Texas, Alaska, Hawaii, and California all have their own state flags; luckily, all of them are relatively good, from a design standpoint, and have enough history in them to indicate their own territories and cultures without too much explanation.


Most US state flags are pretty boring, however, and about thirty of them don’t have much besides the state seal on a dark background.   It is difficult to identify them when they are completely unfurled, much less when they are not flying in a breeze.  Try identifying the flags of Pennsylvania, New York, Vermont, Maine, or Kansas – it’s tough to do!

So, of the various republics that will form in the wake of a breakup of the US, what will we get?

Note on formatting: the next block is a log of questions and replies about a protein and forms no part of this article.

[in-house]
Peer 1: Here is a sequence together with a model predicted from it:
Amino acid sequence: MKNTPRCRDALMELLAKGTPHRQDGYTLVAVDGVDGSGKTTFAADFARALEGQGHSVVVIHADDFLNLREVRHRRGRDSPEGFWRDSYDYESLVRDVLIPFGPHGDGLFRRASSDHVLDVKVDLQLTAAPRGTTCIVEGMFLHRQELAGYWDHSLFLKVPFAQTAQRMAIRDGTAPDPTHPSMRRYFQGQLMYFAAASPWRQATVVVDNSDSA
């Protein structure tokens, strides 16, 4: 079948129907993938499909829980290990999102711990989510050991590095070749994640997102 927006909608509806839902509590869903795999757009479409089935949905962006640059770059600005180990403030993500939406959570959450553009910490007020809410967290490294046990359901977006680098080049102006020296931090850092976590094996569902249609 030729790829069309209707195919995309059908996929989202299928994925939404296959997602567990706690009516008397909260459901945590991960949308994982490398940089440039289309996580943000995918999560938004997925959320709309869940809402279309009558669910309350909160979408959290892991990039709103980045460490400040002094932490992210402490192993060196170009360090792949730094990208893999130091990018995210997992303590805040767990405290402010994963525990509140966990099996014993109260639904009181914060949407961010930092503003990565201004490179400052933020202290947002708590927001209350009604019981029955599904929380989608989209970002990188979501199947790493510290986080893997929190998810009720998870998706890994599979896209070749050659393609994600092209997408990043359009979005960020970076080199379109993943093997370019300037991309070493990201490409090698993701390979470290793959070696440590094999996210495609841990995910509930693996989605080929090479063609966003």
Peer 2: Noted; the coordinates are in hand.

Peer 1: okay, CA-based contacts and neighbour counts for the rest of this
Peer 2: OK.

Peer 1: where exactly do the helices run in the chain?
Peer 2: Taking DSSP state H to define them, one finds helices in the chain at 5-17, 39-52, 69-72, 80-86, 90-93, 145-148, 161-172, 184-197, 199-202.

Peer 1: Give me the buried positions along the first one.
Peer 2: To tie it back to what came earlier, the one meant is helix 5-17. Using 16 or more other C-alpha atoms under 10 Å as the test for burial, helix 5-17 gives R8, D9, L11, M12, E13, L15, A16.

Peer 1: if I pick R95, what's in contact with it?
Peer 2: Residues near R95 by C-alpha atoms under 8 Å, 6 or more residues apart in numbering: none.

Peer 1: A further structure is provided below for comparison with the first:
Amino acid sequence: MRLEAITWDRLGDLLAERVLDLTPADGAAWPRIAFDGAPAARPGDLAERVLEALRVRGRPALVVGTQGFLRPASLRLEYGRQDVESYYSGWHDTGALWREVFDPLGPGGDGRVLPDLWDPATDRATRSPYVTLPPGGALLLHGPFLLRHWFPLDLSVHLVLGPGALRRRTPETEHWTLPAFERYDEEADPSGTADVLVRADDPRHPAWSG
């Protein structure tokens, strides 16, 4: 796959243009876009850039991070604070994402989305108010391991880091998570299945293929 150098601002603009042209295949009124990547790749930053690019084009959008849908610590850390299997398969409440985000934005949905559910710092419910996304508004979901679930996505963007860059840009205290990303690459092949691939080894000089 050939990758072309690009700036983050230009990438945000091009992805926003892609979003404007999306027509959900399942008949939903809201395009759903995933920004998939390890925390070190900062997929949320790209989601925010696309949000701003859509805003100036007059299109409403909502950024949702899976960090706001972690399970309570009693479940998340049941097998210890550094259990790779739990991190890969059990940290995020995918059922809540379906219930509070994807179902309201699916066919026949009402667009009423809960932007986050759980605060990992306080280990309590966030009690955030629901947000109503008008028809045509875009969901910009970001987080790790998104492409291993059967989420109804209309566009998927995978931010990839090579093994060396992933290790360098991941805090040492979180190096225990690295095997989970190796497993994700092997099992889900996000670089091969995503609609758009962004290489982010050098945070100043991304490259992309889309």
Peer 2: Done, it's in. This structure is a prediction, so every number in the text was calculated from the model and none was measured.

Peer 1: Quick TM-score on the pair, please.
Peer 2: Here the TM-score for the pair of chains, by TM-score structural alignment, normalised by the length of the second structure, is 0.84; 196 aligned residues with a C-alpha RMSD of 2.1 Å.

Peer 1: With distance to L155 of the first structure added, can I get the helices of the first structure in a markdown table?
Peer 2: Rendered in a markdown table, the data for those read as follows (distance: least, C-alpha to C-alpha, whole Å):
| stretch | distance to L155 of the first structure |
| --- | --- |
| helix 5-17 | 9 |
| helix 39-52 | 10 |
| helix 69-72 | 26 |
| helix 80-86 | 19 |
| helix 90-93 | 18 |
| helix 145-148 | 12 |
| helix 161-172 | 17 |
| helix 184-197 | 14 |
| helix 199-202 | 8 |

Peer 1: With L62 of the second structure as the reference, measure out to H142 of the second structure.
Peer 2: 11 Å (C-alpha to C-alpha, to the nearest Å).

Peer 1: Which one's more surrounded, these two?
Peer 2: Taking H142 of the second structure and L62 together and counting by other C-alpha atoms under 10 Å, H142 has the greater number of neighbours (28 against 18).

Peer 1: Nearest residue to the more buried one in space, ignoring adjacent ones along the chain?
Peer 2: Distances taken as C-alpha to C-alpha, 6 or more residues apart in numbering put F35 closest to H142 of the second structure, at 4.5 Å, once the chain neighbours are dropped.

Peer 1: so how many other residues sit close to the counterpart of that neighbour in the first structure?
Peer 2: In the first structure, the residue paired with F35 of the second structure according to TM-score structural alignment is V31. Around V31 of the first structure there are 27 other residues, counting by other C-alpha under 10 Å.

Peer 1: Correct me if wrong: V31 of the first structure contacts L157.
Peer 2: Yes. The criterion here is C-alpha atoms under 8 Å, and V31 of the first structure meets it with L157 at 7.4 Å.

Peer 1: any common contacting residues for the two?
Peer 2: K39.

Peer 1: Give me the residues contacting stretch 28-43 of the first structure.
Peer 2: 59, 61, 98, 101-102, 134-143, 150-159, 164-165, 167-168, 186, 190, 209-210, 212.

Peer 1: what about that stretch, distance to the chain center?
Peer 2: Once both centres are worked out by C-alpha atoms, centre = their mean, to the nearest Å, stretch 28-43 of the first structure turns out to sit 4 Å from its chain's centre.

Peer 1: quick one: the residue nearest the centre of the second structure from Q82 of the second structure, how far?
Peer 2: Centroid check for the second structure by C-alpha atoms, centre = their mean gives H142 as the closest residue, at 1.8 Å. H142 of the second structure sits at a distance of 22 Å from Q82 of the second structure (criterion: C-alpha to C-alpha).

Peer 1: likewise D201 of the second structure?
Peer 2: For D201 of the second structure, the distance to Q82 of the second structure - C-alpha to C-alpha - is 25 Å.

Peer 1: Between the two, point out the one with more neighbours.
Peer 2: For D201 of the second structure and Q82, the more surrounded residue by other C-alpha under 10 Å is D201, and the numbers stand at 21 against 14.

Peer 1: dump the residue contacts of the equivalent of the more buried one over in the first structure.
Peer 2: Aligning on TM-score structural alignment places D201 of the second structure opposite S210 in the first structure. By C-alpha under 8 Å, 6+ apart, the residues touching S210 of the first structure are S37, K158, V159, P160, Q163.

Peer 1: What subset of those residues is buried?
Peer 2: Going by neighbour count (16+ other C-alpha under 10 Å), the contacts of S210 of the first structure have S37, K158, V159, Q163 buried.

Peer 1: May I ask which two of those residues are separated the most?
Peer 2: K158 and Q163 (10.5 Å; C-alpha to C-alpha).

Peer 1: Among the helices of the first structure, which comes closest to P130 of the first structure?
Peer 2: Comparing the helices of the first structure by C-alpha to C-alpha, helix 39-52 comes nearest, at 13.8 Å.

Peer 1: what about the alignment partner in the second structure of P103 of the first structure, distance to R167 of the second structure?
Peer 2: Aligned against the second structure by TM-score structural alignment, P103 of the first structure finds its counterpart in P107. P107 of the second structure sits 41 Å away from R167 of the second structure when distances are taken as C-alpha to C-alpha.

If one country takes the mantle of the United States of America, as in JMG’s Twilight’s Last Gleaming, some of us will be lucky and haul out the old Betsy Ross flag (or a variant) depending on how many states join this new America:

US_flag_13_stars_–_Betsy_Ross.svgThere are plenty of variants, but the important thing is that this flag will bring people together, and may make themselves think (as was alluded to in the story), “America is returning to its roots – a simple country, with clear ideals.”

In the television series ‘Jericho’, the Allied States of America used a variant of the US flag to show that it still (ostensibly) maintained a connection to the old United States:

Allied_States_of_America_flag_(Jericho).svgThe orientation of the stripes was changed deliberately; in that alternate universe it was said, “President Tomarchio stated the change in orientation of the stripes could be taken to represent “a new direction” for Americans.”